UNFORTUNATELY the hasty end to what has been a terrific AFL Women’s season through a COVID-19 pandemic that no one prior to the season could have seen coming, has forced the league to scrap an end result from the books and leave 2020 as a blank line. In this AFL Women’s feature, we take a look at the options that were on the table and the reasoning behind each one.
Option 1 – No premier awarded
This option was the one ultimately chosen by the league in fairness to the four competitors left. The league was left in a lose-lose situation with both Conference leaders having a right to demand the title in different ways, and even the other two remaining finalists also having a stake in the say. When we say they were left in a lose-lose, had they opted for the one-off Grand Final then they would have been hounded by fans of the second placed clubs who had deserved to reach the finals that were originally put on the table. If they had opted for the original finals series, then it was heartbreak for the two fourth placed teams remaining in the running, especially Collingwood who had knocked off two of the teams quite convincingly that had made it in a tough draw that would have seen them face two sides – Geelong and St Kilda – who in fairness to those sides, the Magpies would have been favoured to beat and sneak into the top three. Ultimately once the finals system was chosen, there was nothing that could be done if the competition was stopped. In saying that, was this a safe way of not upsetting any clubs by ruling them out of finals and denying them a chance that had been outlined at the start of the season for finishing in the top three?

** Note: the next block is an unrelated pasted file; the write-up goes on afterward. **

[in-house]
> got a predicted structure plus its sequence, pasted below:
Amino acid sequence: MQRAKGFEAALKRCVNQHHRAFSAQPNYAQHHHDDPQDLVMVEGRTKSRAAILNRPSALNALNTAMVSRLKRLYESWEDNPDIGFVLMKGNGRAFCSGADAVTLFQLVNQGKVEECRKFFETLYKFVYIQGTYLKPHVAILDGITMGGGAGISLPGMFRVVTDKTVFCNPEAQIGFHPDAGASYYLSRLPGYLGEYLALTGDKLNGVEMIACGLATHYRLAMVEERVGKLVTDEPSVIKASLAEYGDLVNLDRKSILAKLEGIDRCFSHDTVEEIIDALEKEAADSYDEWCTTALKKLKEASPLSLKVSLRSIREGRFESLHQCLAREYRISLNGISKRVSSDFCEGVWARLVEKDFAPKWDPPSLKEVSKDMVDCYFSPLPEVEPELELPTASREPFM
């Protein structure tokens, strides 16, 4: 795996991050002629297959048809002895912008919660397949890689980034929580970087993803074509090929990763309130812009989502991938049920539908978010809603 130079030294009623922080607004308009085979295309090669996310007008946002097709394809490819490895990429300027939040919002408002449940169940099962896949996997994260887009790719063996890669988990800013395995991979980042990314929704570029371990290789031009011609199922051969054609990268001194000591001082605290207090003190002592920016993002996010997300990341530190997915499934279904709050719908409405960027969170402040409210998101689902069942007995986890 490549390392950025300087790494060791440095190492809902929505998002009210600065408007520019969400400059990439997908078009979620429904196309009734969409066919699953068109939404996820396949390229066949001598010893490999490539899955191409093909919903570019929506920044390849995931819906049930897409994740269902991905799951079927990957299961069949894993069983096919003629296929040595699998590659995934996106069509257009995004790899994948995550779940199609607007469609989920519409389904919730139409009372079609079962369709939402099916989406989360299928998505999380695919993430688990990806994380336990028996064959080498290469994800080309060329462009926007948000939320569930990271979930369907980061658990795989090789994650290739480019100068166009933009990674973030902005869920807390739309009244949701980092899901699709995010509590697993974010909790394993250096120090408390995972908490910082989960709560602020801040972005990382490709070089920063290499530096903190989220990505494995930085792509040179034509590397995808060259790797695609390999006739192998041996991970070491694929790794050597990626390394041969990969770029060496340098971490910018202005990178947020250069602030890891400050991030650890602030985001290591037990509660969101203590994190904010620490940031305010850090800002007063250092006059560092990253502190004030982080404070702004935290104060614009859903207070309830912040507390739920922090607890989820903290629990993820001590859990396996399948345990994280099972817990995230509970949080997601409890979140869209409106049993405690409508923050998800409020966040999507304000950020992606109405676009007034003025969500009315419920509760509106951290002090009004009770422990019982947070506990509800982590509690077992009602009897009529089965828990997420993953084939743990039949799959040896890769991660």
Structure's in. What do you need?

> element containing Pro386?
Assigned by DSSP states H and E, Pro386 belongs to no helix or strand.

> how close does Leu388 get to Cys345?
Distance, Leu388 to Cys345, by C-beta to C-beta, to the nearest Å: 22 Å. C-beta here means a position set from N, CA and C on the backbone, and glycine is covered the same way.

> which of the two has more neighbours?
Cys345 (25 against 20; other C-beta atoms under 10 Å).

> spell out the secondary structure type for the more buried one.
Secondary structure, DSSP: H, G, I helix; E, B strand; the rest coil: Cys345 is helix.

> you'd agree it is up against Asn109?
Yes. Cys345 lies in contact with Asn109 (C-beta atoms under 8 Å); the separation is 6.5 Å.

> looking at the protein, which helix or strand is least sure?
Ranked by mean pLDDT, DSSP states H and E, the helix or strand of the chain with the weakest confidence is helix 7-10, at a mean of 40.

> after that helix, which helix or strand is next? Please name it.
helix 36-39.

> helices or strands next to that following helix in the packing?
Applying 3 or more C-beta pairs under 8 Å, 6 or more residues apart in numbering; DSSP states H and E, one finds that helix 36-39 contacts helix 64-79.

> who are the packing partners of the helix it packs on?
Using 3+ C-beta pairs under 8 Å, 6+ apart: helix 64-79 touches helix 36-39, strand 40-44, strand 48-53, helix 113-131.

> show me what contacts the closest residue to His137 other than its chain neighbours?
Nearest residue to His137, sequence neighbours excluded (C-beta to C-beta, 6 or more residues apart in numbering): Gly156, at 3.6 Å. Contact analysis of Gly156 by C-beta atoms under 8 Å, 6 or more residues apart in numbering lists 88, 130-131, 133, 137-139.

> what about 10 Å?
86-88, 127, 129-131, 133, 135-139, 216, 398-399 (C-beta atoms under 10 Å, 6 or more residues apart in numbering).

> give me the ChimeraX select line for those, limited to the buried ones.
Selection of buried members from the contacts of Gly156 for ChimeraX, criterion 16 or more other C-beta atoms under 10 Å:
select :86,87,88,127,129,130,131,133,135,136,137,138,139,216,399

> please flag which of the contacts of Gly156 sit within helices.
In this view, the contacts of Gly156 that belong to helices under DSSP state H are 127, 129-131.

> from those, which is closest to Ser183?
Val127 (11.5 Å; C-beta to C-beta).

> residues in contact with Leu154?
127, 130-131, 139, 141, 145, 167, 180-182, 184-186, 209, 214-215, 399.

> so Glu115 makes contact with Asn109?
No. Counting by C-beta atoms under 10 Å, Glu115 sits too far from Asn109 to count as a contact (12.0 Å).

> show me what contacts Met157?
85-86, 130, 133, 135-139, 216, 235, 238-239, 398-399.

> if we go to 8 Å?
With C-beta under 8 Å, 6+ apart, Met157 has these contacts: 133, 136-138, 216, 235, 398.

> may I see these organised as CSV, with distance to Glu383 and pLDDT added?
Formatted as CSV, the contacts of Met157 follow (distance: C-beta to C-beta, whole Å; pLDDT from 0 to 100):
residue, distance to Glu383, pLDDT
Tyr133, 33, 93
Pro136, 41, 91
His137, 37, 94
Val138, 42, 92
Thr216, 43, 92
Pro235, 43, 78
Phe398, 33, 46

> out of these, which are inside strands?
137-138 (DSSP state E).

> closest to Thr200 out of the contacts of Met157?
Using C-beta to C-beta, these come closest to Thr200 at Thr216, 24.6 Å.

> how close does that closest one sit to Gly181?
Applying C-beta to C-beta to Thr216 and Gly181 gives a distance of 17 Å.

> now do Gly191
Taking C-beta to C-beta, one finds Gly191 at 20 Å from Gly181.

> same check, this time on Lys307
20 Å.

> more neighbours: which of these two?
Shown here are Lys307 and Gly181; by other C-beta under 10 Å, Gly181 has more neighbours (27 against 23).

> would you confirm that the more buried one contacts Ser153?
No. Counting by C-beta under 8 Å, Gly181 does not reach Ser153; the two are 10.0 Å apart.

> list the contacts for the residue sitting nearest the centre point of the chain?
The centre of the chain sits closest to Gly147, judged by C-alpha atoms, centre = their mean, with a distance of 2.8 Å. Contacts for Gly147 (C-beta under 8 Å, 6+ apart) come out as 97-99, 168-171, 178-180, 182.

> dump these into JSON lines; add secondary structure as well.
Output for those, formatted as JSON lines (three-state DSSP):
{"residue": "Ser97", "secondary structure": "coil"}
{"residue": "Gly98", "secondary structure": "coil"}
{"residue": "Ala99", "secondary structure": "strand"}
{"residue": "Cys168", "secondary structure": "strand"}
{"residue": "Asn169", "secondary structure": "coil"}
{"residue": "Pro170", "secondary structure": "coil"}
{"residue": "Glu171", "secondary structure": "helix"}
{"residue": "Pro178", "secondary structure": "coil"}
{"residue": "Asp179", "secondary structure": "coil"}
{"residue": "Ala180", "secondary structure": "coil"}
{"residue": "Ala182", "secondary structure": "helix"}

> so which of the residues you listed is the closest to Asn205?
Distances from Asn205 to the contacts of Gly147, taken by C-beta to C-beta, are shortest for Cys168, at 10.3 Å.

Option 2 – Fremantle awarded the premiership
This option is one of those options Fremantle fans certainly felt they deserved and I think most fans would be in the boat of “yeah I get that, but it’s not entirely fair” in a begrudging kind of way. There is no doubt if they had to award a premiership, Fremantle was the obvious option – six wins from six games, undefeated on top of Conference B which was the stronger conference, and smashing Gold Coast in the first final to show why they were deserving premiers. The knock on the Dockers – and I think this is why they simply could not award them the flag – is because they did not play any of the three teams remaining. In the final two rounds they had Calrton and Melbourne to come, and had we been in the same boat say week one of finals and the Dockers had defeated both those sides, then I would say we’d be looking at the 2020 Premier. But having been denied the chance to face them – through not fault of their own – as well as North Melbourne, the Dockers winning the premiership would have left some question marks given the other clubs had all had to play each other.
Option 3 – One of the other teams awarded the premiership